Jul 20, 2015

Book Review – Shifting Infinity by Patty Jansen

infinityShifting Infinity is the second novel set in Patty Jansen’s ISF – Allion Universe and continues the story and characters presented in Shifting Reality.  I thoroughly enjoyed Shifting Infinity for the same reasons I enjoyed its predecessor and the various novellas before that which have slowly built the wider universe.

So what do I like?  The story chiefly.  I read it in two sittings and if I’d had another book in the series to read, I’d have read it as well.  Stylistically, I think the prose is fairly transparent, it does a very good job of letting the move along and makes it approachable.

I find it can be hard to categorise the content.  Jansen includes aspects of Military SF, Space Adventure and Competence SF.  She underpins the whole world with solid Hard SF world building and manages to introduce a diverse set of characters (diverse genders, religions, races).  All of these combine to give the work broad appeal.

There’s also a wider universe with epic potential. There are teasing snippets/clues laced through all the works that Jansen has written in this series that hint at larger forces at play but Jansen brings the focus down to one character Melati, a scientist/ teacher of Indonesian background. 

The character has grown in confidence and ability from the first book and I am really enjoying Melati’s development. At one point I felt that Melati’s training in weapons might have been a little to quick to achieve the competency she later displays but then again I am forced to confront my own lack of experience and knowledge of firearms training and question my assumptions.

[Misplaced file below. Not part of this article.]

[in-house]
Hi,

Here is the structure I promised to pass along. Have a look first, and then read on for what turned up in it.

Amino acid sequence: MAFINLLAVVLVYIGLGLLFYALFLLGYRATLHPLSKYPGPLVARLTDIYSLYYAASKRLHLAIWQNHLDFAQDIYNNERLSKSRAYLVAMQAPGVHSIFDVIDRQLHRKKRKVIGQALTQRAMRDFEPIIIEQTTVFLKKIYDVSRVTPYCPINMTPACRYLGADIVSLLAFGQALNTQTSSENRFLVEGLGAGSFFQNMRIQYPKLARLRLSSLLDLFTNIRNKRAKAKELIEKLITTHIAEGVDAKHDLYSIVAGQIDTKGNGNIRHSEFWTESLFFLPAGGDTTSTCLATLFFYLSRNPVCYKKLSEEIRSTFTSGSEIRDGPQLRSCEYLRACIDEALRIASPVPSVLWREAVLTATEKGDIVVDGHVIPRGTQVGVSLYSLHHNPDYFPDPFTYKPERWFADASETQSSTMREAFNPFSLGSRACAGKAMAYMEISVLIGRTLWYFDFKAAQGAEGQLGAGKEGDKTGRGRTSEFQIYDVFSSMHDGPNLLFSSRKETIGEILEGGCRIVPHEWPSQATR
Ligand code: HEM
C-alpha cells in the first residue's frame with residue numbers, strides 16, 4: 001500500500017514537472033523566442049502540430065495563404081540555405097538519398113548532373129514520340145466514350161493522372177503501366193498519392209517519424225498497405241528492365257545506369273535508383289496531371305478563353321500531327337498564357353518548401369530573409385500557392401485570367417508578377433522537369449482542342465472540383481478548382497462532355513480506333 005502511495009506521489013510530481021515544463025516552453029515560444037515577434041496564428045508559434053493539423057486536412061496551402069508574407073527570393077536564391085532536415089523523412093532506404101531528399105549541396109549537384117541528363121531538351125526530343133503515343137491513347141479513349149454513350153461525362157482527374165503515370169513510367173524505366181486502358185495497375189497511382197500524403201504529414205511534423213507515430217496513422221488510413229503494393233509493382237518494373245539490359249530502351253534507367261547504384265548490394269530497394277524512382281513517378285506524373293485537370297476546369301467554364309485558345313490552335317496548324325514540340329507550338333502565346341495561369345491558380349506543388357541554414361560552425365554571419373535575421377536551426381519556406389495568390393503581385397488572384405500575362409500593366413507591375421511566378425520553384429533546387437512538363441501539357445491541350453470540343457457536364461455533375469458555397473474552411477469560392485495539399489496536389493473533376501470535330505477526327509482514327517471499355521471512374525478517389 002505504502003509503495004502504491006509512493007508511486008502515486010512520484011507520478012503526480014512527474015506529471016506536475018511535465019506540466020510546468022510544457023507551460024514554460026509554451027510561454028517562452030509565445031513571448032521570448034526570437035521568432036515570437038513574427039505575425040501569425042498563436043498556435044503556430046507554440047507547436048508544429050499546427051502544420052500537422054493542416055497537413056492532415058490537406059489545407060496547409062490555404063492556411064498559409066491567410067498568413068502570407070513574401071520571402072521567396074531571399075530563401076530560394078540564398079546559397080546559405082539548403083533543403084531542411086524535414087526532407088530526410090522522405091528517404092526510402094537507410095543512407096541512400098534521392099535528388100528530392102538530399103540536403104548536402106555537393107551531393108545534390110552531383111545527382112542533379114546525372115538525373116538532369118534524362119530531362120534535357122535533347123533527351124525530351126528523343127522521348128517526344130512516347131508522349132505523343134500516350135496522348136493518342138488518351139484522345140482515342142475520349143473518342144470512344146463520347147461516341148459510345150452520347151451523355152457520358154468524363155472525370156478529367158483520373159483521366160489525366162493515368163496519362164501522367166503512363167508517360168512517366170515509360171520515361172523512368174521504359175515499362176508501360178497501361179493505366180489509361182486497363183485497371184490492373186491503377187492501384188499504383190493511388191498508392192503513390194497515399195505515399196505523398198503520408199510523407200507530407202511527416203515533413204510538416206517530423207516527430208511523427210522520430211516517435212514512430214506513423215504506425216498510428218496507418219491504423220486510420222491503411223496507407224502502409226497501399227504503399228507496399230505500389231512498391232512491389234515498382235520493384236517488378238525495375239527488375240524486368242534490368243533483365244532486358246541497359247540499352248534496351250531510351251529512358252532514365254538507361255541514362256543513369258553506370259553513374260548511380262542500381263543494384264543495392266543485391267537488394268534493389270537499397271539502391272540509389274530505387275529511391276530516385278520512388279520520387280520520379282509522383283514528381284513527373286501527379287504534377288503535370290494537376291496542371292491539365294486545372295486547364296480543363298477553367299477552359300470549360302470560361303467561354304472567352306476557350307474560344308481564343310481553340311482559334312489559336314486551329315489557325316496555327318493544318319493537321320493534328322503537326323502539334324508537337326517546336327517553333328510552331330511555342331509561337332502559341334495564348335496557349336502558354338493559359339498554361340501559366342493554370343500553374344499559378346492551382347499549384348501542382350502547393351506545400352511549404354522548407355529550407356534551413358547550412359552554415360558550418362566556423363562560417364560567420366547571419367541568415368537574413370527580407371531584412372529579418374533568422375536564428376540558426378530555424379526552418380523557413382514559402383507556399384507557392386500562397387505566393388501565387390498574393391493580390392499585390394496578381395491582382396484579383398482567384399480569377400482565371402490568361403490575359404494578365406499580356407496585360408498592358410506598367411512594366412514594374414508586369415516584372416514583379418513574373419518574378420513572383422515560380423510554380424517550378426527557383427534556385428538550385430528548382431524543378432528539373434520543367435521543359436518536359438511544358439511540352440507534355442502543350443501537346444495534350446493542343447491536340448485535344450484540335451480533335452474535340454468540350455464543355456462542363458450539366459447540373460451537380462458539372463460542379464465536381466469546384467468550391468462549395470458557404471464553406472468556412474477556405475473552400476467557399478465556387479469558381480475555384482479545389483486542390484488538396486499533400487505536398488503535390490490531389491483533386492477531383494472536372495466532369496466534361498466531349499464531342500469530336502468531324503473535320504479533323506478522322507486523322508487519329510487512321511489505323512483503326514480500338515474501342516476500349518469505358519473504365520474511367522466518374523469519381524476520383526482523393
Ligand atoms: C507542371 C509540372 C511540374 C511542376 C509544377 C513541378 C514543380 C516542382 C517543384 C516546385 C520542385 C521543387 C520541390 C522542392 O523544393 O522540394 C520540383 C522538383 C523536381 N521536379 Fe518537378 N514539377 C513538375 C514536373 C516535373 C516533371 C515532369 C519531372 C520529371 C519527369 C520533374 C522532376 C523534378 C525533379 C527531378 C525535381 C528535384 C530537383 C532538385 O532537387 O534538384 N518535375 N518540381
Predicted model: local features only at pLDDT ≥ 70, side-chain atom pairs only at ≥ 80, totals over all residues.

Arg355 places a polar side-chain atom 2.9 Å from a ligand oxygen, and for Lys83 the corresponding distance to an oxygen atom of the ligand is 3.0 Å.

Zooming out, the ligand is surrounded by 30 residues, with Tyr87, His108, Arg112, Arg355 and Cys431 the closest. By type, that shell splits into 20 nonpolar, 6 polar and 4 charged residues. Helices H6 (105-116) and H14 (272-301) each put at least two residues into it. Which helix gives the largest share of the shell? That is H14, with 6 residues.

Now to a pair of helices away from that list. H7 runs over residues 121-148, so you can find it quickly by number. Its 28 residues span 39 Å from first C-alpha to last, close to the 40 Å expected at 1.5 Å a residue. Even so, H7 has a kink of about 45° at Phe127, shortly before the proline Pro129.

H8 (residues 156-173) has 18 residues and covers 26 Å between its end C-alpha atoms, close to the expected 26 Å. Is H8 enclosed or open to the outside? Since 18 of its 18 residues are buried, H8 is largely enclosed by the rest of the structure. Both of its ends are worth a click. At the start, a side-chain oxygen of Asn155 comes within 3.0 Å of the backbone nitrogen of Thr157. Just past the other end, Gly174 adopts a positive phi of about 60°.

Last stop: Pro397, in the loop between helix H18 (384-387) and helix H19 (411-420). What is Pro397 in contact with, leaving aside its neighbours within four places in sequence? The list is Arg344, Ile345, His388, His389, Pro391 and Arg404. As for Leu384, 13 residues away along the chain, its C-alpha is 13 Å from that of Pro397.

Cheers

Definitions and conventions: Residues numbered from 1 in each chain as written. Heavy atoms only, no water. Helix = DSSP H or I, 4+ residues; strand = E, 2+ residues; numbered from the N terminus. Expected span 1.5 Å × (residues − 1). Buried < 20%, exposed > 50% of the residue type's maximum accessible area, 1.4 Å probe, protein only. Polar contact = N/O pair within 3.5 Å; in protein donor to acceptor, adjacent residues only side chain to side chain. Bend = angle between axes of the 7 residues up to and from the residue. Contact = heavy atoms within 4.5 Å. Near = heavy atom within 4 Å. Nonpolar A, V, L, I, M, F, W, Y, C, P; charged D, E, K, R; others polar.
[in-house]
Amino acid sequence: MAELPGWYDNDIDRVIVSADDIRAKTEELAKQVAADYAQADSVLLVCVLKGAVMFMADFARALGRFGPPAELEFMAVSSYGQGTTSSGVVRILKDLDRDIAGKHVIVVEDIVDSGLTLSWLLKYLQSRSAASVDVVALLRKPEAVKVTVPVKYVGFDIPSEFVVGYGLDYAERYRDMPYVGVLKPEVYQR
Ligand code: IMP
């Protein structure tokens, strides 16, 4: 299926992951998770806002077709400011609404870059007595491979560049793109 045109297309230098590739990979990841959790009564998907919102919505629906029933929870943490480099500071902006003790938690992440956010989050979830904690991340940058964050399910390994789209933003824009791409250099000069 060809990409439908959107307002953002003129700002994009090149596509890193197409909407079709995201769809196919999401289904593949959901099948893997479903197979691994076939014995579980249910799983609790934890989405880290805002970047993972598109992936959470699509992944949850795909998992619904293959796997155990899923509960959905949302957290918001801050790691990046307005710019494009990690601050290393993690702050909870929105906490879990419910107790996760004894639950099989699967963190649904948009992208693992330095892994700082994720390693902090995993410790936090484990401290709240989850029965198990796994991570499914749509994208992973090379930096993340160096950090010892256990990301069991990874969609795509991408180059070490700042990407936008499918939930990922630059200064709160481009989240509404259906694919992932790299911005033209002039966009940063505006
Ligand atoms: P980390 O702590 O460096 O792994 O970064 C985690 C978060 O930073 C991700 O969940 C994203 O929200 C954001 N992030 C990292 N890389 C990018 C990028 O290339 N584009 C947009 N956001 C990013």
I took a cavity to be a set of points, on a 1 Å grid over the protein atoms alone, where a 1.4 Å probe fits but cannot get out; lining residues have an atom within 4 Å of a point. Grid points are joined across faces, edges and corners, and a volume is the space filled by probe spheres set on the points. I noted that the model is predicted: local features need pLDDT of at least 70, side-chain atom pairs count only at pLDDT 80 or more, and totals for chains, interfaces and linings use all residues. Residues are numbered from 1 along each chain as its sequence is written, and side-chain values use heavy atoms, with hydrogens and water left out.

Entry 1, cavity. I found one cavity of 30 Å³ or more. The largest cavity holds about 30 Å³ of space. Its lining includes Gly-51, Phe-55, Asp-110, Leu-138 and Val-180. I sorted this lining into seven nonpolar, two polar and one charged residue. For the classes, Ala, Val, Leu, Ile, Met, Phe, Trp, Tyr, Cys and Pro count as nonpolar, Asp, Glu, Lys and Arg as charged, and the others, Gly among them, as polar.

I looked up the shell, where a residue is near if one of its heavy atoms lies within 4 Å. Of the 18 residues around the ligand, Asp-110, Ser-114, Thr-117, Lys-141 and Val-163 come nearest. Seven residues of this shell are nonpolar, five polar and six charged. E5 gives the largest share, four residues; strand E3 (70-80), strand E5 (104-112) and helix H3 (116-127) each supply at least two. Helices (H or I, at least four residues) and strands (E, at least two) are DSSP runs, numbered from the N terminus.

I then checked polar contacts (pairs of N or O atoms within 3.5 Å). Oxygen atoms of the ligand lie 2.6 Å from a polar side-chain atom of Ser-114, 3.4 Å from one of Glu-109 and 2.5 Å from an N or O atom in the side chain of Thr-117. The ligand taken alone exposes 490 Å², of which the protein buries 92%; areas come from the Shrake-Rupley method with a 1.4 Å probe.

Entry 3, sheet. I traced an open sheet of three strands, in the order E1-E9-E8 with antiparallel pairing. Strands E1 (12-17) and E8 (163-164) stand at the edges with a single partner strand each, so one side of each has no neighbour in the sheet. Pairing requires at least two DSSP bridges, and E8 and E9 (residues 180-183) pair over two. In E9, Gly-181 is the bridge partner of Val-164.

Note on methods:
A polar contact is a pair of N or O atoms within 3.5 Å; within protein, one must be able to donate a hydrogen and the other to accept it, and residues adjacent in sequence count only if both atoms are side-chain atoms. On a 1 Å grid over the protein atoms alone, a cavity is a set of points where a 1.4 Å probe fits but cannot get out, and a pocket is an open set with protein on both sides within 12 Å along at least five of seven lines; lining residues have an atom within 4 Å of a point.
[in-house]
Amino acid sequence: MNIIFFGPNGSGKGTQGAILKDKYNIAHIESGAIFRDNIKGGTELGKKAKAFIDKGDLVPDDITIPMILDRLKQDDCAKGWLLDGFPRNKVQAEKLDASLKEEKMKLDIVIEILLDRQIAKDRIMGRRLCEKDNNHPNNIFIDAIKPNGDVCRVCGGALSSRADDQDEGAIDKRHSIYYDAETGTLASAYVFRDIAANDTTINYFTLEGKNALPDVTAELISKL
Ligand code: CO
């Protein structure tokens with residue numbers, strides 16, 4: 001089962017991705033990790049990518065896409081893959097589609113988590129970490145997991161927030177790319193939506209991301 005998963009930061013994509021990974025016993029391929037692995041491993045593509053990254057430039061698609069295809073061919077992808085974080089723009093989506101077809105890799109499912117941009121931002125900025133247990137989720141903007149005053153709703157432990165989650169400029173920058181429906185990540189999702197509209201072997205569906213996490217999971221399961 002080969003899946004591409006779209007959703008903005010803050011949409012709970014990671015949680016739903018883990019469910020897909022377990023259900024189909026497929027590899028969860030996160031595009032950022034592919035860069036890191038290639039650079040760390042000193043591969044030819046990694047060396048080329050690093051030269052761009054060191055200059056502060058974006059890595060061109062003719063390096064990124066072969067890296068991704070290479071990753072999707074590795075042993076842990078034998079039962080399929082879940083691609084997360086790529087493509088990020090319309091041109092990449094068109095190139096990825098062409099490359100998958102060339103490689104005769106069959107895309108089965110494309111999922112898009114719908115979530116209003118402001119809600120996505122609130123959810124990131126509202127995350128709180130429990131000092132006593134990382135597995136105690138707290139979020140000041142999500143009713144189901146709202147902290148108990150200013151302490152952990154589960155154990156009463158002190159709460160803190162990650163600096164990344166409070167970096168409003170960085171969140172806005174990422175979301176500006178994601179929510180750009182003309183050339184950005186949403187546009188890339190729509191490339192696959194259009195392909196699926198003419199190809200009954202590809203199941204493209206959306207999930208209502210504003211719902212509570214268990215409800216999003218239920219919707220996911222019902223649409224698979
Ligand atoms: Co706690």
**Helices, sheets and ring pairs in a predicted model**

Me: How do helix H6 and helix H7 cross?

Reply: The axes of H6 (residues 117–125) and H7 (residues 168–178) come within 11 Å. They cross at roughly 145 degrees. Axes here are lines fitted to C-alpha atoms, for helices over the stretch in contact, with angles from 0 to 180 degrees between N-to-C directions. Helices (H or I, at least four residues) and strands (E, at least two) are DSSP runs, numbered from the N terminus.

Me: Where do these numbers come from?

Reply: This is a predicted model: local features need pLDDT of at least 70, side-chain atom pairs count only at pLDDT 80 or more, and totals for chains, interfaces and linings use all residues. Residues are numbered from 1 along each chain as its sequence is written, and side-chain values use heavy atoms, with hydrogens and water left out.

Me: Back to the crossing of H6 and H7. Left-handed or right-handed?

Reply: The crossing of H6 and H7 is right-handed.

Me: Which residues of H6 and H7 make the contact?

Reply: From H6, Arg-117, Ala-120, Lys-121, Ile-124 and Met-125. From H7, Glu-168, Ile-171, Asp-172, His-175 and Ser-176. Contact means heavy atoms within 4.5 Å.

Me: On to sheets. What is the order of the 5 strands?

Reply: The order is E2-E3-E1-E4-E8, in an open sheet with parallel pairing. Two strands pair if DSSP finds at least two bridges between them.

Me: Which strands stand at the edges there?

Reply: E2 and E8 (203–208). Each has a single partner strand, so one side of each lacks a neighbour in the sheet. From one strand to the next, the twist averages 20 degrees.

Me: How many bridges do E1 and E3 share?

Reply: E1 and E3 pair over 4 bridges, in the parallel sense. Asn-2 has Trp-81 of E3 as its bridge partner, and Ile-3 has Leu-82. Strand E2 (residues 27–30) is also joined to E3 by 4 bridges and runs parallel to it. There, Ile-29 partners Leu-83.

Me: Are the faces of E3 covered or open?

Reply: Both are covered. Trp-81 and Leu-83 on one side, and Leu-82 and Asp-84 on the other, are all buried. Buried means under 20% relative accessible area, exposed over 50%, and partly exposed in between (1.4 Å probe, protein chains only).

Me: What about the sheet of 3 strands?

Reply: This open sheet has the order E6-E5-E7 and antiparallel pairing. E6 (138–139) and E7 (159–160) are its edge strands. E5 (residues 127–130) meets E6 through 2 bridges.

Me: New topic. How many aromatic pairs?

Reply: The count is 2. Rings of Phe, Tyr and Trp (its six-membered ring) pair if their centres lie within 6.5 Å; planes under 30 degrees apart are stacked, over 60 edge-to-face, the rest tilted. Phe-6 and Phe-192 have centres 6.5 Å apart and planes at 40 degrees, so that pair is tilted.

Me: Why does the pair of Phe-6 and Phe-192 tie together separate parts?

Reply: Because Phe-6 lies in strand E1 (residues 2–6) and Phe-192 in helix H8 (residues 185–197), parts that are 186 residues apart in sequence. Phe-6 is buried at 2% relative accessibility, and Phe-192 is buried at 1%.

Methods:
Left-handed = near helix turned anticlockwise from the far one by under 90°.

So what’s happened since Shifting Reality?

After Allion ( the forces that oppose ISF)  captured the New Jakarta space station, Melati  made it to the safety of the ISF warship Felicity but had to leave her family behind.  She joined the ISF force division in the hopes that they would liberate the station.  Instead the Felicity has laid siege to New Jakarta for 10 months.  Melati is increasingly frustrated with the slow movement of the ISF which seems to be content to play a conservative approach, and not care about the thousands of civilians trapped under deteriorating conditions

A rare escape from New Jakarta, a merchant who appears to have been tortured, is caught by ISF patrols.  Melati with her specialisation in constructing Mindbases (AI intelligences for vat grown clones) is called in to help, although the ISF seems keen to execute him as quick as possible as a spy.

The reality is much more interesting though.

Shifting Infinity is a page turner and should have something for everyone.  A believable, if at times annoyingly self-doubting protagonist(don’t get me wrong I really like the character and my annoyance is a good indication that I am invested) who is not your usual hero.

Please write more Patty Jansen.


aww-badge-2015This review is part of the Australian Women Writers Challenge 2015.  Please check out this page for more great writing from Australian women.

 

 

 

 


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Jul 16, 2015

The Haiku Anthology by Cor van den Heuvel (editor)